Court Filing Reveals Breaches In Atlantis Sale
Lenders in Kerzner International’s $2.5 billion mortgage debt planned to transfer Atlantis to a trust so the property could be appraised and sold off at the best possible price, according to court documents.
The disclosure, included in documents filed this month in the Court of Chancery in Delaware, details the series of events following the dropped lawsuit against Brookfield Asset Management in January. According to ORIX Capital Markets, another lender representing $27 million in the loan, the plan was to sell Atlantis so participants would equally benefit “from sale proceeds in excess of the outstanding balance”.
However, on March 22, ORIX alleged Brookfield reversed course and presented a proposal that “bought the cooperation” of other lenders, allowing the Canadian firm to exchange $175 million in debt for Kerzner International’s assets in The Bahamas and Mexico.
The court filing, the second against Brookfield in recent months, alleged once again a breach in contract and fiduciary duty, intended to orchestrate a deal that eliminates any potential benefit for the other lenders.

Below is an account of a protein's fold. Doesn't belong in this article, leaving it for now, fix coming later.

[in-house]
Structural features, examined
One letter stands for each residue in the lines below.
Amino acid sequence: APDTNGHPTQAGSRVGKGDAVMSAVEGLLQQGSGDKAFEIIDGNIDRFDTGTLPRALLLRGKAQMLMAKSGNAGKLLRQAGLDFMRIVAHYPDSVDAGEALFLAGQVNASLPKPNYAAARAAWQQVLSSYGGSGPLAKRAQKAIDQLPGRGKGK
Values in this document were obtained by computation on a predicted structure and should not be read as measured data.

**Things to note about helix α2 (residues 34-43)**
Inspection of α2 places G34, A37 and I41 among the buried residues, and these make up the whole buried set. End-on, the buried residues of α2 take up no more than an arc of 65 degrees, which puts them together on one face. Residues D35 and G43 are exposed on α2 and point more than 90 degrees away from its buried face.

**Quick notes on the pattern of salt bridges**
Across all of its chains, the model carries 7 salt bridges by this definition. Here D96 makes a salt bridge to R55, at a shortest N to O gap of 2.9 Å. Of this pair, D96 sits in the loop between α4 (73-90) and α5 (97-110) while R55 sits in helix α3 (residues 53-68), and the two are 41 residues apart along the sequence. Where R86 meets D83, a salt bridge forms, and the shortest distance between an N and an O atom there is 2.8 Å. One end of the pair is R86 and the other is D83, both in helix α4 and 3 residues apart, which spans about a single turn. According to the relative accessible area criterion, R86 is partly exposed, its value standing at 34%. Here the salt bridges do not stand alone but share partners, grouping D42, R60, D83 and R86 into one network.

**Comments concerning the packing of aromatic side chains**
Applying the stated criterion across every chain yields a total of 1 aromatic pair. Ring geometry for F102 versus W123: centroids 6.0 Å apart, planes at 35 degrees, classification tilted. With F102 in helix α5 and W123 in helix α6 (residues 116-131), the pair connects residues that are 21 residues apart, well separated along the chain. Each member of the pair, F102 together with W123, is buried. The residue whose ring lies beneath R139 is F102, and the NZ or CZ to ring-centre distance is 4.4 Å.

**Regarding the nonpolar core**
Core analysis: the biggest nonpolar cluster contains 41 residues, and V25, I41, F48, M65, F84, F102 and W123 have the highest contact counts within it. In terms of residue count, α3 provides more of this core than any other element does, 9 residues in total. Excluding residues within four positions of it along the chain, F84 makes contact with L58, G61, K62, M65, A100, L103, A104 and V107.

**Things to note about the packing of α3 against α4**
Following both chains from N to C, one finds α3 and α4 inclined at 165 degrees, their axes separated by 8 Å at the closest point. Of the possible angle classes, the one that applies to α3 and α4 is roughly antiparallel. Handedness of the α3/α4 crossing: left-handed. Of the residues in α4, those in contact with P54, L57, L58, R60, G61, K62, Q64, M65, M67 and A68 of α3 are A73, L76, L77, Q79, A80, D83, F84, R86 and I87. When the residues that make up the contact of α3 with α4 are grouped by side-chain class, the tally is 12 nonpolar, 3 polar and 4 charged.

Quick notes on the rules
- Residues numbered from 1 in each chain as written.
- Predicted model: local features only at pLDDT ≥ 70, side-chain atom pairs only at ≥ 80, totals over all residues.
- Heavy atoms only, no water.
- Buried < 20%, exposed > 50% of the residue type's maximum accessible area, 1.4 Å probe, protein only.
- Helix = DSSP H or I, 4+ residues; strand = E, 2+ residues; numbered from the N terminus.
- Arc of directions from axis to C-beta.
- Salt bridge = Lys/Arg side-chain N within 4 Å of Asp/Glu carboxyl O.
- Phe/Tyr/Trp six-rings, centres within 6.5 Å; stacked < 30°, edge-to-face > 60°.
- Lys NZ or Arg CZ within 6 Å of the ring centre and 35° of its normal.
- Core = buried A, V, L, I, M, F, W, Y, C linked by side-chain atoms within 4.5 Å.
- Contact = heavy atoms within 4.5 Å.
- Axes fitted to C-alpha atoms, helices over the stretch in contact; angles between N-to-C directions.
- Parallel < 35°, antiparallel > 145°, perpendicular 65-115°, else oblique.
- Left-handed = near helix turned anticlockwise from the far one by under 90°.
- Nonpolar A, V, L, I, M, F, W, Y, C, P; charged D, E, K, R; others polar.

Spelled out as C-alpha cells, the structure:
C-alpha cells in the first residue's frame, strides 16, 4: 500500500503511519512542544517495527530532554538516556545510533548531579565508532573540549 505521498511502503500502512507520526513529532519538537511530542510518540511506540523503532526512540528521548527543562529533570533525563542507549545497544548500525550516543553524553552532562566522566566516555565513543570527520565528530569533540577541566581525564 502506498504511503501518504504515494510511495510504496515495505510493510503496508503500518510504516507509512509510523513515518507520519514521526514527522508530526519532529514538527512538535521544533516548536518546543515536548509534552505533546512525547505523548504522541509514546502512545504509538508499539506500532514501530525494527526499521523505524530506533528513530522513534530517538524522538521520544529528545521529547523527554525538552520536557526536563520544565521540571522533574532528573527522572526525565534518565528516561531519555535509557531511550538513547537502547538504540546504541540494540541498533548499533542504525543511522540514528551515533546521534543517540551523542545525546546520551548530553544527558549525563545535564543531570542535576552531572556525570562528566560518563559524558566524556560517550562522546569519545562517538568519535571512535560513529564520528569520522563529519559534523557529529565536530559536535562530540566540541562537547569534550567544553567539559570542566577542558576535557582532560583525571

These latest court documents claim Brookfield offered to purchase $30 million in bonds to bring about Trilogy’s cooperation. It further alleges it would have “the trust” reimburse $2 million of its legal fees from the property cash flow “to buy Trilogy plaintiffs’ cooperation, with cash that could be used to pay down the outstanding principal of the mortgage loan for the benefit for all participants”.
The maturity date, according to the business plan, would extend the mortgage loan to September 2014.
The company claimed that the most recent complete appraisal occurred in November 2011 by HVS Consulting and Valuation Services, which valued Kerzner’s assets at more than $3 billion.
By exchanging $175 million of debt for the properties, ORIX argued Brookfield stood to “profit handsomely” despite the remaining mortgage debt.atlantis, court, financial